Trump administration set to propose ban on e-cigarette flavorings

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WASHINGTON — President Donald Trump said Wednesday his administration will propose banning thousands of flavors used in e-cigarettes to combat a recent surge in underage vaping .

The Food and Drug Administration will develop guidelines to remove from the market all e-cigarette flavors except tobacco, Health and Human Services Secretary Alex Azar told reporters during an Oval Office appearance with the president, first lady Melania Trump and the acting FDA commissioner, Ned Sharpless.

Trump said vaping has become such a problem that he wants parents to be aware of what's happening. "People are going to watch what we're saying and parents are going to be a lot tougher with respect to their children," he said.

Melania Trump recently tweeted her concerns over the combination of children and vaping.

It will take several weeks to develop the proposed flavor restrictions, which will be subject to public input before taking effect.

Trump's first public comments on vaping come as health authorities investigate hundreds of breathing illnesses reported in people who have used e-cigarettes and other vaping devices.

No single device, ingredient or additive has been identified, though many cases involve marijuana vaping devices.

“The THC cartridges that are shipped in, they are black market," said Tim Birdwell Jr., who owns Vapor Vice in Indy. "Now what's gonna happen when this is gone. People are going to start making their own.”

Birdwell Jr. said his shop will undoubtedly close if the ban goes into effect. He said 80% of his customers are over the age of 30, and that he has stopped carrying any vaping products that have labels that may appeal to kids. That said, he added that his adult customers want flavoring as opposed to tobacco flavored vaping products. Birdwell Jr. said many of his customers are looking to vaping as a way to stop smoking cigarettes. He questions why someone would want a vaping product that reminds them of the addictive product they're trying to quit?

“I've seen people start vaping, I've never seen them start vaping then go smoke a cigarette. Why? Because it doesn’t taste good,” Birdwell Jr. assured.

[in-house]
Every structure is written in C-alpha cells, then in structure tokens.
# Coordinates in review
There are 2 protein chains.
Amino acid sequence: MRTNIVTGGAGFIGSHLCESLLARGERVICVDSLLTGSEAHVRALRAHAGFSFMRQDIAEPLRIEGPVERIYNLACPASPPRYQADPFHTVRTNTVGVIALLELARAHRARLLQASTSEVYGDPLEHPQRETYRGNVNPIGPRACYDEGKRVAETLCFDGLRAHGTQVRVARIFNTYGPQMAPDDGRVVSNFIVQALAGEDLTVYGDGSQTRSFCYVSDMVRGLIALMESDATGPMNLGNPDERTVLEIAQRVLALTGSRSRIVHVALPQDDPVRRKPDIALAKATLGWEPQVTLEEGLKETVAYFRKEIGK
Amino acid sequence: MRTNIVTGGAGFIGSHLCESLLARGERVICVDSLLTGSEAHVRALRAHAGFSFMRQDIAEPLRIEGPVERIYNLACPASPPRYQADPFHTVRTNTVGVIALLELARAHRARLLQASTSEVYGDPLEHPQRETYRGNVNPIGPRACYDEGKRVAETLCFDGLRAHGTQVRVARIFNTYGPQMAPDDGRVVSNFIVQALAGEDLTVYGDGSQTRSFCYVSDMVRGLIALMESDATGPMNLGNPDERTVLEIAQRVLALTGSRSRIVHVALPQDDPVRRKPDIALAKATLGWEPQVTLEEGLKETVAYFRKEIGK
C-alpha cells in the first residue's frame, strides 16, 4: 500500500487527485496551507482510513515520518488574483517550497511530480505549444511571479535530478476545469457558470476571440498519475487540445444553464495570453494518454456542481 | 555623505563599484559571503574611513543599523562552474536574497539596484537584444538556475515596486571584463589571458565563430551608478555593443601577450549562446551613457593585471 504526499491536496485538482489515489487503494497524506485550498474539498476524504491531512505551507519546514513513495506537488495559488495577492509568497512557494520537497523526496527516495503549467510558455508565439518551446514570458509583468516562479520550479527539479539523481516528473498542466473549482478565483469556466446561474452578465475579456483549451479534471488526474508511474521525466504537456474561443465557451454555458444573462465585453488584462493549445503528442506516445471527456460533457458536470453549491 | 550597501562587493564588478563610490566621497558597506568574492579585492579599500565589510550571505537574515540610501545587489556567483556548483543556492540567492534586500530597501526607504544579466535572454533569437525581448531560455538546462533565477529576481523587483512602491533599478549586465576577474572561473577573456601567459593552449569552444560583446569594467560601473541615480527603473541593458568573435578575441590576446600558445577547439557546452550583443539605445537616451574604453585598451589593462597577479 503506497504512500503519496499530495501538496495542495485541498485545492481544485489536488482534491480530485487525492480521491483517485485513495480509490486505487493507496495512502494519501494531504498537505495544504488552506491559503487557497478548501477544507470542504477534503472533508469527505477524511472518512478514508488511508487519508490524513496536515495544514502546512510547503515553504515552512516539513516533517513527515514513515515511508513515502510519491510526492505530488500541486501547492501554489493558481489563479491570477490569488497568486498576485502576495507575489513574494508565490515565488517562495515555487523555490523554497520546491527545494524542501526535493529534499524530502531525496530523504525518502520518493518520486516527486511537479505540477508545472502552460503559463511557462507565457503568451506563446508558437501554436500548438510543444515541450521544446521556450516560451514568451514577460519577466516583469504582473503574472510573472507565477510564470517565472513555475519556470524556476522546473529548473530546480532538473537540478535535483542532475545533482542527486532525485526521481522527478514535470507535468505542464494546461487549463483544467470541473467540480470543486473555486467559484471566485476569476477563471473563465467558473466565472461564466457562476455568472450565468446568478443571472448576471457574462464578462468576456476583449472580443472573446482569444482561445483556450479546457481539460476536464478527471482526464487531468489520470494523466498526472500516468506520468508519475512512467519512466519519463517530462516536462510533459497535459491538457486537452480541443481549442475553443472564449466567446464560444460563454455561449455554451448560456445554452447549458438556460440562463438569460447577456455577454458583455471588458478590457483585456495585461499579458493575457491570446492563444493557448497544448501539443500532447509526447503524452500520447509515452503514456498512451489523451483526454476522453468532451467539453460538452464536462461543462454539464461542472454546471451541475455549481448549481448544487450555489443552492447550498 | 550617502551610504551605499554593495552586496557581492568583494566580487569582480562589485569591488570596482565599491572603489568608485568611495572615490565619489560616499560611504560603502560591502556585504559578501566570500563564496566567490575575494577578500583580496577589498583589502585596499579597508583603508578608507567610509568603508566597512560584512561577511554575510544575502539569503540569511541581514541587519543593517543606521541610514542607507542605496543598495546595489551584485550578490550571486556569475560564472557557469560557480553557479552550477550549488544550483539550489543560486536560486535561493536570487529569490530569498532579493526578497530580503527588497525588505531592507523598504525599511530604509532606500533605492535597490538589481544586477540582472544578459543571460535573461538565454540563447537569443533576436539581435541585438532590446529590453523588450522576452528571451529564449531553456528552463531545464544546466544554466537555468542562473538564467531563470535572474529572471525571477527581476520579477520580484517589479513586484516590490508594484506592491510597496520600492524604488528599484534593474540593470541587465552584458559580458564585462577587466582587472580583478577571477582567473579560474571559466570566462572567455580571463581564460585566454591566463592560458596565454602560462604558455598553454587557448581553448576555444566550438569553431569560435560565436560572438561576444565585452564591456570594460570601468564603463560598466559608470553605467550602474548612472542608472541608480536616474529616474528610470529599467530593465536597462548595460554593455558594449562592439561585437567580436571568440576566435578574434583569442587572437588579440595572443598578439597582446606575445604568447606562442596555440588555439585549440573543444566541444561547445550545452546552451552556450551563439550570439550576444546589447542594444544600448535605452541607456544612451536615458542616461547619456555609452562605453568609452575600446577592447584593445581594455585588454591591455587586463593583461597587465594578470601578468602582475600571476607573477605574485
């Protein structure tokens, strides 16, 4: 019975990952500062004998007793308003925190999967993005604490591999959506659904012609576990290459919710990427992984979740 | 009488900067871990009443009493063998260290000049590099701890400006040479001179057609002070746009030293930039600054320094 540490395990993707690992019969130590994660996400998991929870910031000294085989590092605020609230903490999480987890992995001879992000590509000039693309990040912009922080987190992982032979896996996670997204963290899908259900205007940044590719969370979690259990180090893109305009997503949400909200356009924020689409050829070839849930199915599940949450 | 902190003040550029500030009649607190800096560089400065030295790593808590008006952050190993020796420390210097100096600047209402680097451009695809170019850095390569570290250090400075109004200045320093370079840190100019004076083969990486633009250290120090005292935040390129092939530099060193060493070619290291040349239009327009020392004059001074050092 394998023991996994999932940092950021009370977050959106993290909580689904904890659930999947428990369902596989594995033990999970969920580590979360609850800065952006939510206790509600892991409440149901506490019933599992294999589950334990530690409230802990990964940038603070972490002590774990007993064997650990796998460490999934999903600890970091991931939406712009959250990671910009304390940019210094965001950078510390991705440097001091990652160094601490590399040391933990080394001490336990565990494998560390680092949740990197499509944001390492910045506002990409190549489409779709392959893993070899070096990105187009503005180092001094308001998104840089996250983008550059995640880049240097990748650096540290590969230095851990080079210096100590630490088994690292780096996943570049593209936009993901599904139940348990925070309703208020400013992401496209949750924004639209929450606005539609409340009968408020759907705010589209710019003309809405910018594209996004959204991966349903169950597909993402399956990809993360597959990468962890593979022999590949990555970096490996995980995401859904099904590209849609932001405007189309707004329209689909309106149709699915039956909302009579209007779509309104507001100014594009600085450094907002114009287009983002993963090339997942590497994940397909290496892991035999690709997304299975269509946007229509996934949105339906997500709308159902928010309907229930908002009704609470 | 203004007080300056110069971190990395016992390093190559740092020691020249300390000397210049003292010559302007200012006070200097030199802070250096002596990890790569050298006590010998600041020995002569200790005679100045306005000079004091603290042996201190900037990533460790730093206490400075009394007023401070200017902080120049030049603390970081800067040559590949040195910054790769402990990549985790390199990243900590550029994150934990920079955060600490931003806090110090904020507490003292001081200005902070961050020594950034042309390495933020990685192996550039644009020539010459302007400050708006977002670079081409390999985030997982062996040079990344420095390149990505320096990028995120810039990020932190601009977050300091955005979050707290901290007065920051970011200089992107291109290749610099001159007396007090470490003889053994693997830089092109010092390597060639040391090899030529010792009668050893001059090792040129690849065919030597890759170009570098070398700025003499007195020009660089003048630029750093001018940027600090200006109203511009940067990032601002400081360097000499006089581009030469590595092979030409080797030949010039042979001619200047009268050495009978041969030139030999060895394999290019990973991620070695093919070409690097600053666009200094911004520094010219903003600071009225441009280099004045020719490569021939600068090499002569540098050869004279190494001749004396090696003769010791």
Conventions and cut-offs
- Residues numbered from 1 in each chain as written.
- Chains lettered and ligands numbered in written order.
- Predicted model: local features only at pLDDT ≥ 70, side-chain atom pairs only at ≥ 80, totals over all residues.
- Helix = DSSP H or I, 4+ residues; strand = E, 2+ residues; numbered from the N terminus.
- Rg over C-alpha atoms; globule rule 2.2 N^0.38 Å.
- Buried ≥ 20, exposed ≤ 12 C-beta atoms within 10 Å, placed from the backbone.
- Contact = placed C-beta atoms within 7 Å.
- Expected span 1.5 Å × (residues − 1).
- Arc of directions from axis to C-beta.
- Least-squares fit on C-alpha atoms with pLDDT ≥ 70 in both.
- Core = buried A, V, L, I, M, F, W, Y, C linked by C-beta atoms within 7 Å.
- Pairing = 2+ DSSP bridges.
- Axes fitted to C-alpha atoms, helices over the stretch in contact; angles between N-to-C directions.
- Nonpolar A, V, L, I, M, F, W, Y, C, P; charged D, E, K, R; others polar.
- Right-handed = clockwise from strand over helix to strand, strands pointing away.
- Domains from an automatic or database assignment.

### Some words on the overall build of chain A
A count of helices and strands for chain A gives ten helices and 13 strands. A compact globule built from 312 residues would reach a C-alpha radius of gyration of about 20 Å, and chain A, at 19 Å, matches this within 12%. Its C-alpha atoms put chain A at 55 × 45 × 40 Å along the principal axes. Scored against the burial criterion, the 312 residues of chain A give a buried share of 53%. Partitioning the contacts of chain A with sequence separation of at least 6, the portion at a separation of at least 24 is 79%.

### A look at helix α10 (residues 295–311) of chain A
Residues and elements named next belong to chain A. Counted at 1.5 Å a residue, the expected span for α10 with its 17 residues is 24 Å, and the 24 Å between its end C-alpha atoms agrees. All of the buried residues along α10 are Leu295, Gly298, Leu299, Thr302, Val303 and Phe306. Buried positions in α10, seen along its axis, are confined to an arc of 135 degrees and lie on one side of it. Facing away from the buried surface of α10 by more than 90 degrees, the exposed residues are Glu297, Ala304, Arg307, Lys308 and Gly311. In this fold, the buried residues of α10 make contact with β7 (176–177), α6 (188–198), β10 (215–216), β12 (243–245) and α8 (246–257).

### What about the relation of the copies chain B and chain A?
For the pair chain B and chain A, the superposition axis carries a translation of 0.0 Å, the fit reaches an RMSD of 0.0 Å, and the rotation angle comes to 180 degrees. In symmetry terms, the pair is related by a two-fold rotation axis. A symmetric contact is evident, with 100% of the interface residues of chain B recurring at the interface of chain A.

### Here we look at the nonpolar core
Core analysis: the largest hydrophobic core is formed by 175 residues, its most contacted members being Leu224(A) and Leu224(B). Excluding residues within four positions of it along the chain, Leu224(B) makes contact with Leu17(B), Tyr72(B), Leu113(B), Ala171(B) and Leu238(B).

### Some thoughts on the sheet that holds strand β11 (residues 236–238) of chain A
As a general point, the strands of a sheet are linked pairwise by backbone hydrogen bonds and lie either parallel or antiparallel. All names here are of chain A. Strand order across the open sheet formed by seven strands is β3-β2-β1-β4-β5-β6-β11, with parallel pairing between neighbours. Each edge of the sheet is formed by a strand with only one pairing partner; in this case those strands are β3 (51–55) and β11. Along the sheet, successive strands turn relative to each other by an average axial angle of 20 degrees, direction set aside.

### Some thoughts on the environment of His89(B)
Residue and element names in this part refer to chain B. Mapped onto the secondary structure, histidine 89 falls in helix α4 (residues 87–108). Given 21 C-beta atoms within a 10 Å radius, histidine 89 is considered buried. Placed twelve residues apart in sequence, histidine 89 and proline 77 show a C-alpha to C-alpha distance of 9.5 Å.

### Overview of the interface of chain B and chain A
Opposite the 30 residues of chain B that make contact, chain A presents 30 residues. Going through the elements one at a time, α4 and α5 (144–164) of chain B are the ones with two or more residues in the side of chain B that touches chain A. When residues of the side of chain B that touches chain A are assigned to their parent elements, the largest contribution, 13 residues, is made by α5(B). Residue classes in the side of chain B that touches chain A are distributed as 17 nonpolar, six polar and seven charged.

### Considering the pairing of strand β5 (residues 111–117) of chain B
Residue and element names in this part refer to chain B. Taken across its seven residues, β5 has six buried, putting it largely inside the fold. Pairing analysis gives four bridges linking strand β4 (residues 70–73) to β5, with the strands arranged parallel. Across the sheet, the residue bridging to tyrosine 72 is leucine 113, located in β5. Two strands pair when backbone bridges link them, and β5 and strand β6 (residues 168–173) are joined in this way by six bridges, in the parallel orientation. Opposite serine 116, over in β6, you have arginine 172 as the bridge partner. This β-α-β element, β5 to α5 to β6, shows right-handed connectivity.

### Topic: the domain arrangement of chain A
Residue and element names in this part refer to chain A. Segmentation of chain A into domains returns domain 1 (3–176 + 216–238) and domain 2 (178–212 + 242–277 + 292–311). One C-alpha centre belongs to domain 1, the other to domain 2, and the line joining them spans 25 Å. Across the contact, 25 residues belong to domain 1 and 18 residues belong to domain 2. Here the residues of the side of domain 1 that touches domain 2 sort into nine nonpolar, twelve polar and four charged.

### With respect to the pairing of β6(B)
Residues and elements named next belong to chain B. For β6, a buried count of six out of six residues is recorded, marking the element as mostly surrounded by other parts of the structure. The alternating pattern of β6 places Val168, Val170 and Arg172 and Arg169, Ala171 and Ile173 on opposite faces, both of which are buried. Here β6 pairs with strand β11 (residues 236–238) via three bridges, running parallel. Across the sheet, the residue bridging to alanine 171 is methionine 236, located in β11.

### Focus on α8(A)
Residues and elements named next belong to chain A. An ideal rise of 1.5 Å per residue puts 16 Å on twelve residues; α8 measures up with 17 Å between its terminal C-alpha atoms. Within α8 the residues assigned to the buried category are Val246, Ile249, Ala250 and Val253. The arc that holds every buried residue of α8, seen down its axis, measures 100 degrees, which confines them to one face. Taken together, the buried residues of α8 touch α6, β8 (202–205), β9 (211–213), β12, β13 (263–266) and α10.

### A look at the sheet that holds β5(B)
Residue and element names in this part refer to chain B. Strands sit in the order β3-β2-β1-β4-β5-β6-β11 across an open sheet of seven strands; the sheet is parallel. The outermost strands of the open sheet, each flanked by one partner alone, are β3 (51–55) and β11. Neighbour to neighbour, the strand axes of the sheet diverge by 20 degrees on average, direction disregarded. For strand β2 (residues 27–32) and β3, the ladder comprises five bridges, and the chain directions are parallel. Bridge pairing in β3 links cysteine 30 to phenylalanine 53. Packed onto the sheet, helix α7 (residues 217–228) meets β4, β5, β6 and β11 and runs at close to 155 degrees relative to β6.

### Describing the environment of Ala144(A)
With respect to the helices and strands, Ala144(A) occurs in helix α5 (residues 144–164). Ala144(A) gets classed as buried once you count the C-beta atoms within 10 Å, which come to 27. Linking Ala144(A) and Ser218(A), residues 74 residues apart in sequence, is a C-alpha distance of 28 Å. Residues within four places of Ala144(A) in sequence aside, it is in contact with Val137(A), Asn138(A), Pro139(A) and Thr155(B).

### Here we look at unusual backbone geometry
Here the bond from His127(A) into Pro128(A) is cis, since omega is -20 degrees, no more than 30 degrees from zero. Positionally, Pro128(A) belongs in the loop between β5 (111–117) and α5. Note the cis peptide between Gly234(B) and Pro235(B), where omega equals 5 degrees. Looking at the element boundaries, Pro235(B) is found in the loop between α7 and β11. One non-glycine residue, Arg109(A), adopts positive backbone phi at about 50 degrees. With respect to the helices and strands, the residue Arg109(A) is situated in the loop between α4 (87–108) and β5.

His fear now is that teenagers and adults will turn to black market products to get what they want. He believes these products are more harmful. A group of teens already broke into his shop once to get their hands on the products. He lost thousands of dollars in merchandise. If children want to get them, he believes they will. He argues that at least he can regulate who purchases products in his shop.

“The thing of it is, you can go online with a fake birthday and a Visa card and buy anything you want," Birdwell Jr. said.

The proposal announced by Trump officials would only apply to nicotine vaping products, which are regulated by the FDA.

The FDA has had the authority to ban vaping flavors since 2016, but has resisted calls to take that step.

“The bottom line is these products aren't safe, and no one should be using them,” said Nick Torres, Advocacy Director for the American Lung Association of Indiana, “None of these products have really been evaluated by the FDA.”

Instead, the FDA previously said it wanted to study the role of flavors in vaping products, including whether they help adult smokers quit traditional cigarettes.

But parents, politicians and health advocates have increasingly called for a crackdown on flavors , arguing that they are overwhelmingly to blame for a recent surge in underage vaping by U.S. teens.

A ban on flavors would represent a huge blow to the vaping industry, including companies like Juul, which has grown into a multibillion dollar business by selling mint, fruit and dessert flavored-nicotine products.

Juul and other vaping companies argue that their products are intended to help adult smokers wean themselves off traditional paper-and-tobacco cigarettes. But there is little evidence that e-cigarettes are effective for helping smokers quit.

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